why I'm not afraid of Chat GPT, part 1
After a faculty discussion on the invasion of AI, Chat GPT in particular, I did what I'm assuming many other writers have done these past few days. I asked Chat GPT to write me a story. Specially, I asked it to "write a 500 word story that reads like author isabelle drake."
It gave me a story.
Yes, there is some satisfaction in knowing that Chat GPT can find me online and form a concept of what I write. But, can it write like me?
In short, I don't think so. I have to admit, I like the story's final two paragraphs, the concept of them anyway. But the actual writing is pretty poor. Here's something I am sure of: readers prefer good writing over bad. So, I'm not worried about AI replacing me any time soon.
The first paragraph is OK. But the literary wheels fall off pretty quick with the excessive filtering. In the story below, I highlighted the filtering by italicizing it. Filtering is bad writing because its telling rather than showing or describing. Its called filtering because the experience is being filtered through the author; the author is telling the reader how the character feels rather than giving the reader direct access to the character's emotions and physical sensations.
The upside of this bad piece of writing is that I now have a fun (meaning terrible, lol) sample of writing I can use with my creative writing students. I'll call the assignment: find the filtering. It'll be a writerly blast.
Here's Chat GPT's "Isabelle Drake" story. I'm calling it Dragged from Darkness
As the sun began to set over the small town of Willow Creek, Georgia, the people went about their daily routines, unaware of the terror that was about to befall them. Abigail Jameson had just finished up her shift at the local diner, and was looking forward to getting home to her husband and two children. Little did she know, her life was about to be turned upside down.
As she made her way down the deserted street, she felt a sense of unease settle over her. The hairs on the back of her neck stood up, and she felt as if she were being watched. She quickened her pace, her heart pounding in her chest.
Suddenly, she heard a rustling in the bushes behind her. She spun around, but saw nothing. She shrugged it off and continued on her way. But then she heard it again. This time, it was closer. She whirled around, but still saw nothing.
Panic set in as she realized that she was being followed. She broke into a run, her feet pounding against the pavement. But her pursuer was gaining on her. She could feel his hot breath on the back of her neck.
(Spatial problem here... is she being followed by a dragon?)
Finally, she saw the lights of her house up ahead. She ran faster, her heart pounding in her chest. She reached for the doorknob, but it wouldn't budge. She tried again, but still it wouldn't move. She looked up and saw the man standing in front of her, a wicked smile on his face.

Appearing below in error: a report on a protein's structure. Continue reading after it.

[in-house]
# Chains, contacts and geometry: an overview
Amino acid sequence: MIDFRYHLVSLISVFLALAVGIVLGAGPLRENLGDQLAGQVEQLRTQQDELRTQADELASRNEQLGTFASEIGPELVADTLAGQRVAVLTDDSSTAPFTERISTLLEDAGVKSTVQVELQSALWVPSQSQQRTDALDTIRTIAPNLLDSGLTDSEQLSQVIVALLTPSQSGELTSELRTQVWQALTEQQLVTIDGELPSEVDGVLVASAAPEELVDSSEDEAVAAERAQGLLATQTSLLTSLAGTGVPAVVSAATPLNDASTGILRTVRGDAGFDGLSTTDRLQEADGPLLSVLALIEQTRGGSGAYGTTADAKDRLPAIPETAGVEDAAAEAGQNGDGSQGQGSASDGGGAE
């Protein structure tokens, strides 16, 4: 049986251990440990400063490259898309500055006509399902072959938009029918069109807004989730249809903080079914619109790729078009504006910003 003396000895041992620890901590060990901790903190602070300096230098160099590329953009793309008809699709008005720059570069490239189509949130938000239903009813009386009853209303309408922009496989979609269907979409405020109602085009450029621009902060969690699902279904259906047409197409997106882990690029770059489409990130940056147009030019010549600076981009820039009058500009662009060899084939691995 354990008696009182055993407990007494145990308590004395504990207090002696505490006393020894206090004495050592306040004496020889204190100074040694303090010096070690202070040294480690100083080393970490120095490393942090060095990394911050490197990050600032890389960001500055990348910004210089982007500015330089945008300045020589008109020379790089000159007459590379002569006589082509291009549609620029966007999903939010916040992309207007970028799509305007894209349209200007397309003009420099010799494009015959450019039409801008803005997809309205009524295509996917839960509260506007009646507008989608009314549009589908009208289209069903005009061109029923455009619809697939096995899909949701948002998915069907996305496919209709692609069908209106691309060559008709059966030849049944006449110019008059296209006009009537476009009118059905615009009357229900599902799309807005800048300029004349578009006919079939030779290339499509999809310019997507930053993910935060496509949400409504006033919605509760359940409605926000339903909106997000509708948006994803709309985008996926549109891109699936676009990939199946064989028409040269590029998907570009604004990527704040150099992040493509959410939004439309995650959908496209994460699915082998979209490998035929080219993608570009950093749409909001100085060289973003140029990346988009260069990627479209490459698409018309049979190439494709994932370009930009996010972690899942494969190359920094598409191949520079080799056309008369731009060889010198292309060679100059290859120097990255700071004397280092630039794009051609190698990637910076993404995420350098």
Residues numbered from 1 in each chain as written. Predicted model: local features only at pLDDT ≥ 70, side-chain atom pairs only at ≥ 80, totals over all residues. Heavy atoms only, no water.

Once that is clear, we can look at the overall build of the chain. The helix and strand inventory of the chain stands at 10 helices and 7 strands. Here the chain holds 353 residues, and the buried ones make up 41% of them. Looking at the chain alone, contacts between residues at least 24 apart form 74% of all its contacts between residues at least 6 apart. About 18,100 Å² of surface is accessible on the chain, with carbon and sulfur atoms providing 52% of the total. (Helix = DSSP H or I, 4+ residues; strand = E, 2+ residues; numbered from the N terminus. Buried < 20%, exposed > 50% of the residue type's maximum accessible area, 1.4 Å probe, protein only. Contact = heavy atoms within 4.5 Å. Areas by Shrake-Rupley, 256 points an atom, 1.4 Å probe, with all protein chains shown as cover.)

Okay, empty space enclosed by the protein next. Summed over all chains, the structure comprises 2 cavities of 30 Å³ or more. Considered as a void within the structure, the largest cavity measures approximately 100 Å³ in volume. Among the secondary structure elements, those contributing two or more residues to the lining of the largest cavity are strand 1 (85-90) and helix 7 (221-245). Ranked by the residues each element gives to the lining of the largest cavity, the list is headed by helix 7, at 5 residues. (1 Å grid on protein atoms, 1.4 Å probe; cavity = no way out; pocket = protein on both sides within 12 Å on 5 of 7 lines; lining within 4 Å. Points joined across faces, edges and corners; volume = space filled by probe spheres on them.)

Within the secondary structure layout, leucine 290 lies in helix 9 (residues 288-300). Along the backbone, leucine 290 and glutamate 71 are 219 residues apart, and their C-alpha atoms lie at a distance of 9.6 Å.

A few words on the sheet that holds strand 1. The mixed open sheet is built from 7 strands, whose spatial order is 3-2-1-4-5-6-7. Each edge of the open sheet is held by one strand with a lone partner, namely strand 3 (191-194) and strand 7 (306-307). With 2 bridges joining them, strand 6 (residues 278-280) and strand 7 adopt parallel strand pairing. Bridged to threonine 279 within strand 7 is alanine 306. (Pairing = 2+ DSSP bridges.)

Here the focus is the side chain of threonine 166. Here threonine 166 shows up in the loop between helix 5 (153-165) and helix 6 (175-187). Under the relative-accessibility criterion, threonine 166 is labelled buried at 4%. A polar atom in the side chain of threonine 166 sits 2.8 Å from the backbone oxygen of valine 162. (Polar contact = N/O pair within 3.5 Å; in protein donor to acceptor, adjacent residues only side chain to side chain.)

She screamed, but no one came to her rescue. She was alone with her attacker. He grabbed her by the arm and dragged her into the darkness.
For the next few days, Abigail was held captive in a dank, musty basement. She was beaten, tortured, and humiliated. She prayed for someone to come to her rescue, but her prayers went unanswered.
(Yeah, that is darn awful. Kind of shades of the Tribe of the Undead vibes, I guess.).
Just when she had given up hope, she heard a sound coming from upstairs. It was faint at first, but it grew louder and louder. She recognized the sound of a police siren.
(What? The police just show up and save her? She doesn't get to save herself? Ugh.)
She mustered up all her strength and screamed for help. The police heard her cries and rushed to her aid. They found her lying on the floor, battered and bruised, but alive.
As the ambulance drove her to the hospital, she realized that her life would never be the same. She had been through hell, and she would carry the scars with her for the rest of her life. But she was alive, and that was all that mattered.
In the weeks that followed, Abigail struggled to come to terms with what had happened to her. She sought therapy and support from her family and friends. Slowly but surely, she began to heal.
(Okay, but how?)
And then one day, she decided that she would not let her attacker win. She would not live in fear for the rest of her life. She would stand up and fight back.
With the help of the police, Abigail tracked down her attacker and testified against him in court. He was sentenced to life in prison, and she finally felt a sense of closure.
Abigail went on to become an advocate for victims of violent crimes. She shared her story with others, in the hopes that it would inspire them to fight back against their own attackers.
(That's pretty cool I guess. She finally does sort of save herself.)
In the end, Abigail's story became one of survival, strength, and courage. She refused to be a victim, and instead, she became a warrior.
(Yeah, Isabelle Drake likes warrior women, so okay.)